You could not stand before the building without looking up. It was one of those massive European cathedrals, built in the age of religious fervor, whose architects seemed to have one message - look up, look way up. Every line of the structure flowed toward heaven.
As I melted into the stream of people entering the church, I could imagine the throngs who, centuries ago, crowded into this cathedral to hear God’s word. It did not take long for that illusion to disappear. A tour guide with a voice like a megaphone began his litany of historical facts: how long it took to build the structure; where the stone was quarried and how many men it took to finish the job; who commissioned and who designed the works of art.
As we entered the sanctuary, the atmosphere changed as the building opened into the massive open area supported by pillars and framed in stained glass. For a moment I had the sense of history again, a sense of understanding the purpose for this edifice. The tour guide’s voice again broke through as he began to lead us toward the altar.
It was at that point that I frowned. From the back of the large group, I watched the guide lead the people up a short flight of stairs onto the platform, where a priest was in the midst of celebrating the mass. The megaphone voice was lowered slightly as the group passed behind the altar. I noticed some of the other tourists at least had the courtesy to look sheepish. Caught in the flow, I continued with the crowd, feeling as though we were all participating in a crime. When I think back on that moment, I realize we were.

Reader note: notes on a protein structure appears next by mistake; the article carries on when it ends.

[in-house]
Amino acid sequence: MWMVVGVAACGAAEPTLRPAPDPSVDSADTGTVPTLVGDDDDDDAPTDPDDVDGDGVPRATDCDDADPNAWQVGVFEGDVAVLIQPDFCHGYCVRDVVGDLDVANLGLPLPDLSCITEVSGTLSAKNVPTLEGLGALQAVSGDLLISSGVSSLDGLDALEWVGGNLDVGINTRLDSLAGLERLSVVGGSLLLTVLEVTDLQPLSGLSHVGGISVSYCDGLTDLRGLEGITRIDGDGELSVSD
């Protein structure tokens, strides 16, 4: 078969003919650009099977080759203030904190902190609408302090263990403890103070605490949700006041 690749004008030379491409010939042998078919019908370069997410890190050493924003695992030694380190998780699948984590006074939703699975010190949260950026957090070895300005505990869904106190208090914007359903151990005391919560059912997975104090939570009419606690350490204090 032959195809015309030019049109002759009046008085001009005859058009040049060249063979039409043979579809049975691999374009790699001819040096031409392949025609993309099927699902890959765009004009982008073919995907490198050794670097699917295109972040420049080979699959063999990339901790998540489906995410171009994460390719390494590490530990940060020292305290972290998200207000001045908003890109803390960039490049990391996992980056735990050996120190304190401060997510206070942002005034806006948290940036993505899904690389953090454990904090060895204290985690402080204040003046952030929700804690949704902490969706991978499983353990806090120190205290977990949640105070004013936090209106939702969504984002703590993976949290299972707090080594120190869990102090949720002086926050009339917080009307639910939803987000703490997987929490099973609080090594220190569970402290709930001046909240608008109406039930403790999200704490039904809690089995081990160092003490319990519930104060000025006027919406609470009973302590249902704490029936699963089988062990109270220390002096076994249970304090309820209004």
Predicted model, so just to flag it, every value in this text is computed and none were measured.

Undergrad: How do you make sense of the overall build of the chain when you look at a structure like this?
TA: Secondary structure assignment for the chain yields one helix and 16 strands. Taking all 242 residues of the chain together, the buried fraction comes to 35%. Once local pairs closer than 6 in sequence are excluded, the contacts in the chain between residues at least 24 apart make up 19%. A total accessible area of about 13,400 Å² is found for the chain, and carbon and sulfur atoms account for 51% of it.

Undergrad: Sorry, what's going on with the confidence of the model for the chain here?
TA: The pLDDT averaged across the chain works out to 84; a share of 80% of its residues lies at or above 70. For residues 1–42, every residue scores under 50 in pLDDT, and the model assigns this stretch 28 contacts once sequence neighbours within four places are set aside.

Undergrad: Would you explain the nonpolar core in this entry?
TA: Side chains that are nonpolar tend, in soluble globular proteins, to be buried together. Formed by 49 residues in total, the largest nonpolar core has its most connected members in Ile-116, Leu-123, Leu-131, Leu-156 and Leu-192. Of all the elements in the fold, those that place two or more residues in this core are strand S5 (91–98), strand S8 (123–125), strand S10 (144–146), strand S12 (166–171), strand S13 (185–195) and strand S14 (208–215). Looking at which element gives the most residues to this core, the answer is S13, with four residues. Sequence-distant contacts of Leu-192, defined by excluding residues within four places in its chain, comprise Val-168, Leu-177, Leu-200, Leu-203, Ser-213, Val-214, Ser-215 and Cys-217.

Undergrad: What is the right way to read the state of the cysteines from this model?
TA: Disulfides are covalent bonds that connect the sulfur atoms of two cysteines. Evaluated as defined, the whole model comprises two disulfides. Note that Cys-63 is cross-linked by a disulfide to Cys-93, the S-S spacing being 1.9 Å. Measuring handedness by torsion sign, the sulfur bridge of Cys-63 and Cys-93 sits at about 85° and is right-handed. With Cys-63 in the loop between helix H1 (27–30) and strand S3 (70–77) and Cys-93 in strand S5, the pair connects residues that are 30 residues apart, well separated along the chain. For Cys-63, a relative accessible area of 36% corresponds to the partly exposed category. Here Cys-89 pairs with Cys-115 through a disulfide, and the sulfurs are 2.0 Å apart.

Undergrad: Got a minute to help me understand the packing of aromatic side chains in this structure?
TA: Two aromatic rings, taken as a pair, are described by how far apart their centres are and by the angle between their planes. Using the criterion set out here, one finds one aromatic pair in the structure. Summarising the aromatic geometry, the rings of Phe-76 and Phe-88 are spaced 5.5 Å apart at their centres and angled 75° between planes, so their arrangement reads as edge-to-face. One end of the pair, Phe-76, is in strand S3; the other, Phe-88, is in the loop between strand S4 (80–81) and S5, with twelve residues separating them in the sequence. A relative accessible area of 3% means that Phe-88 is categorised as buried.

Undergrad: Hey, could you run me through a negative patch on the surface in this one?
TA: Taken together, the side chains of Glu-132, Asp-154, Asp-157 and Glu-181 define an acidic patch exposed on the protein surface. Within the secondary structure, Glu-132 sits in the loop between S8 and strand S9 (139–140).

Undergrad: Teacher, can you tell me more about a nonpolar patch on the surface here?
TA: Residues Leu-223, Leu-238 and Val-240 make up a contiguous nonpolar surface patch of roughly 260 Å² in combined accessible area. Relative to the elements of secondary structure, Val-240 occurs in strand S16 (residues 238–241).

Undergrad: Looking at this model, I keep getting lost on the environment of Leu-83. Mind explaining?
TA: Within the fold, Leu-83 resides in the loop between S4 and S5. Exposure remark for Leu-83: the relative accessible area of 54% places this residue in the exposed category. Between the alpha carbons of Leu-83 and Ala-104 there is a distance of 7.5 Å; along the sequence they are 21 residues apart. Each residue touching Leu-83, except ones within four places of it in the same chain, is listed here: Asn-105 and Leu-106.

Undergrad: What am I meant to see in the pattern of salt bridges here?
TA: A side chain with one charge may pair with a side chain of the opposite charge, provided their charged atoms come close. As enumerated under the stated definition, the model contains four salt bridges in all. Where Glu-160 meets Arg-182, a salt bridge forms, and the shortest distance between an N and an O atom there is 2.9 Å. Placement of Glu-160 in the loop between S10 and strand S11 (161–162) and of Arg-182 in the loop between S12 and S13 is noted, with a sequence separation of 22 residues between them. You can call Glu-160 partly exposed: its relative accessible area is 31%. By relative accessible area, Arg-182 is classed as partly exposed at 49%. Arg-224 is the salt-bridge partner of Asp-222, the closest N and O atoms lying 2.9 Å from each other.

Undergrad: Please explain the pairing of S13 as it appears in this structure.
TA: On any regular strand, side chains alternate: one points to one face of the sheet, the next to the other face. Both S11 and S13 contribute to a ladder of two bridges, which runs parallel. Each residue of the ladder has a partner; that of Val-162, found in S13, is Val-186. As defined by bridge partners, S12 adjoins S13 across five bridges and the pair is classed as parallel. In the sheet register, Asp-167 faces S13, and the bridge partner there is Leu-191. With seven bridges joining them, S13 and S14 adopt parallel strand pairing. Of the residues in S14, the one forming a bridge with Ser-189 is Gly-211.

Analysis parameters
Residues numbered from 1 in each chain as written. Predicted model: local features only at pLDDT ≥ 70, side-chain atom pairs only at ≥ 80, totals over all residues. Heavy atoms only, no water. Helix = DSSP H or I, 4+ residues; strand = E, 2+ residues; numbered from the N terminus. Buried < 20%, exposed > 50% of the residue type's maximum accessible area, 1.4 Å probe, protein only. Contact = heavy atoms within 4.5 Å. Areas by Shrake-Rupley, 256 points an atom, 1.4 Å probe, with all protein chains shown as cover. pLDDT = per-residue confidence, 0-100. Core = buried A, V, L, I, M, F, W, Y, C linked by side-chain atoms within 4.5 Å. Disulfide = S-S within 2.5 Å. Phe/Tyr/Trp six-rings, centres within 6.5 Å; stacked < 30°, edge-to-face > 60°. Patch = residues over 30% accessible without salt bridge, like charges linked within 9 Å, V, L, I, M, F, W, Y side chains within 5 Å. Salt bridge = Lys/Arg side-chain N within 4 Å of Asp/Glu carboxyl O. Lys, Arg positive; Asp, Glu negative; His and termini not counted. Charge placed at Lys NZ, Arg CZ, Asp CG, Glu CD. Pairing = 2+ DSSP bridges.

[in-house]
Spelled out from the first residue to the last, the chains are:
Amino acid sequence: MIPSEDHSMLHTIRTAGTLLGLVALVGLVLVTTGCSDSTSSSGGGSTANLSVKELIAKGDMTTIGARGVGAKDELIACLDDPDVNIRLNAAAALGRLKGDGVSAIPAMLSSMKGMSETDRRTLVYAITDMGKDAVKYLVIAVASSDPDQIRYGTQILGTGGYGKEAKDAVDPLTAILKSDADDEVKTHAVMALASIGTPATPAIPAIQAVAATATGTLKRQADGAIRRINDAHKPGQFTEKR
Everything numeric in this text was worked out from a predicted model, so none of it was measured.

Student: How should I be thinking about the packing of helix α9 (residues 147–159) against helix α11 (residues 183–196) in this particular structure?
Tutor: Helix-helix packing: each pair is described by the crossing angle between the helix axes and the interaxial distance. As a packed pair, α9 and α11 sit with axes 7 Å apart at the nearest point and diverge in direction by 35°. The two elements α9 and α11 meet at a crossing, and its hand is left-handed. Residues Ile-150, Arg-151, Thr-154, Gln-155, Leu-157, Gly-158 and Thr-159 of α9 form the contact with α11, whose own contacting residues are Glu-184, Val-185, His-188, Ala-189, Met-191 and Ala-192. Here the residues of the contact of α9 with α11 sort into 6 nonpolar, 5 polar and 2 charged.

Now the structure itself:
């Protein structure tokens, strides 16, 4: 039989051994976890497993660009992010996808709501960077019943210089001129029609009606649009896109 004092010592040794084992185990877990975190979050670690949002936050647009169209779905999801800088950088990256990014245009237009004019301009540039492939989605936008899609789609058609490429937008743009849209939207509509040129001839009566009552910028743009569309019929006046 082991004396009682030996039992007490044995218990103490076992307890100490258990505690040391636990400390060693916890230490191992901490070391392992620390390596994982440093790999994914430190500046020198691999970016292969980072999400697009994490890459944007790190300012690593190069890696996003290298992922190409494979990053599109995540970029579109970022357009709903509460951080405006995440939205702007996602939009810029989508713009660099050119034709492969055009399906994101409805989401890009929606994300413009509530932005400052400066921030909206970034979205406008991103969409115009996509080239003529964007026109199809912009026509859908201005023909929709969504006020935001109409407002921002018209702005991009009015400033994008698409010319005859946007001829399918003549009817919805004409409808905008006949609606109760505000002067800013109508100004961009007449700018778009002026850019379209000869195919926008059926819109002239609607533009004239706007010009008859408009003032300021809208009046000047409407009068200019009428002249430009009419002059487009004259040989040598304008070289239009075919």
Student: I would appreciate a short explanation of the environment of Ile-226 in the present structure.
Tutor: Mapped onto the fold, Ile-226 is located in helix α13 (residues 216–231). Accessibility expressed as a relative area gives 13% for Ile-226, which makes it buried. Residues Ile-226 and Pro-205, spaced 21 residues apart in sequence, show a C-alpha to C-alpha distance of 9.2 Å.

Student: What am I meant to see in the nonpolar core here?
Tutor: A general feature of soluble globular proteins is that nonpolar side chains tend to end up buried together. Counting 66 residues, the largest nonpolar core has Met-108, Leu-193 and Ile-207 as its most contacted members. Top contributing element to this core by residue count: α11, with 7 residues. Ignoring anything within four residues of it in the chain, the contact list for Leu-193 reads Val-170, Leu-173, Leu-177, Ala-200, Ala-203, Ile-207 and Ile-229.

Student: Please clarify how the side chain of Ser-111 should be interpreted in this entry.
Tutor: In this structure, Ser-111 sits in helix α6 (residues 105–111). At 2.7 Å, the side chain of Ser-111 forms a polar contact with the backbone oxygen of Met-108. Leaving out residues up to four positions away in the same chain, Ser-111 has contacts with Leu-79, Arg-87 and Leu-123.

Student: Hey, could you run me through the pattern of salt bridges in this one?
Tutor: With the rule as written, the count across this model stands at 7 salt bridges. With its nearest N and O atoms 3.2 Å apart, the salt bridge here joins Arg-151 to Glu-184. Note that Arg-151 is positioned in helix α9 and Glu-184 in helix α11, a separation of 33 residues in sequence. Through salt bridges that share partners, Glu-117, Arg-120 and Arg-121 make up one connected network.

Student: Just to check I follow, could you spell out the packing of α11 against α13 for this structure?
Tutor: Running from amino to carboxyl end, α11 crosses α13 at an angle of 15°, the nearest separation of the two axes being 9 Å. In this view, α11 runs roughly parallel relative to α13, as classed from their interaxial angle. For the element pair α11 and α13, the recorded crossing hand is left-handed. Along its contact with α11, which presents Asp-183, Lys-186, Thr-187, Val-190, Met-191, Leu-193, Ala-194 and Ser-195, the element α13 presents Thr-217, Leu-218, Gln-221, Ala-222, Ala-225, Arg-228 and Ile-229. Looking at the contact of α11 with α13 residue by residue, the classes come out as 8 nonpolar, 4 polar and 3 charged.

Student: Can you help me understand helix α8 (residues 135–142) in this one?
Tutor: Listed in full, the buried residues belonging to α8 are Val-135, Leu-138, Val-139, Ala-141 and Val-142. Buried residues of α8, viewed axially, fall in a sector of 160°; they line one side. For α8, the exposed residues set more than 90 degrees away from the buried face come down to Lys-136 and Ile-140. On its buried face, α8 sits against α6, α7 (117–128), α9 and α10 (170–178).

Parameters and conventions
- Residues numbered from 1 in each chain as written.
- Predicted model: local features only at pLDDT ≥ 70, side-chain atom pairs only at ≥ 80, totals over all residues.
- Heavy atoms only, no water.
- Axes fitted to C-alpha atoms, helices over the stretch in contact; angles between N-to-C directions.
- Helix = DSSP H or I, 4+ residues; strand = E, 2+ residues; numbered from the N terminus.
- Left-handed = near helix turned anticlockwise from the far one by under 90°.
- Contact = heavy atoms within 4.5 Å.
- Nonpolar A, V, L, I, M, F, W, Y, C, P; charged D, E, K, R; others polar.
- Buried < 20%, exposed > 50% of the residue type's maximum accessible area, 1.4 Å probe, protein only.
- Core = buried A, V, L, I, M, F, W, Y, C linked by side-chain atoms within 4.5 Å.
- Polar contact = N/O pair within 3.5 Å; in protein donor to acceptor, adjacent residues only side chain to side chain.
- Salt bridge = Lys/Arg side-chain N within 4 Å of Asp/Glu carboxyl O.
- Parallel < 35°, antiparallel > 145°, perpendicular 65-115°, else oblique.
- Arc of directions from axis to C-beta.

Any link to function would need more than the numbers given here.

When I think of it now, I realize at times we still are. In the presence of our God, we remain aloof. We stand back and gawk, yet remain indifferent and unmoved, failing to rejoice, failing to call others to see and be amazed.
Some time ago a cartoon appeared in the pages of many Canadian newspapers. To Canadian baby boomers, it had immediate significance. One of our childhood television heroes, The Friendly Giant, had died. “Friendly” always began his program with the words “Look up, look way up,” as the camera moved up from the toe of his large boot to his smiling face. The newspaper cartoon echoed those words and showed a large hand reaching down toward him.
But it is not only in death that God tells us to look up. Like the architects of old, He designed our world to make us turn to Him. He put a yearning in our hearts to worship and made us into His church. He put a yearning in the hearts of writers to record and express the experiences of life and to proclaim His glory. All the lines of life say, “look up, look way up.” As writers of faith we must often ask ourselves, are we just touring the cathedral? Or are we striving to look up and reach for the glory of God in every word we write?
“For since the creation of the world, God’s invisible qualities - his eternal power and divine nature - have been clearly seen, being understood from what has been made, so that men are without excuse.” Romans 1:20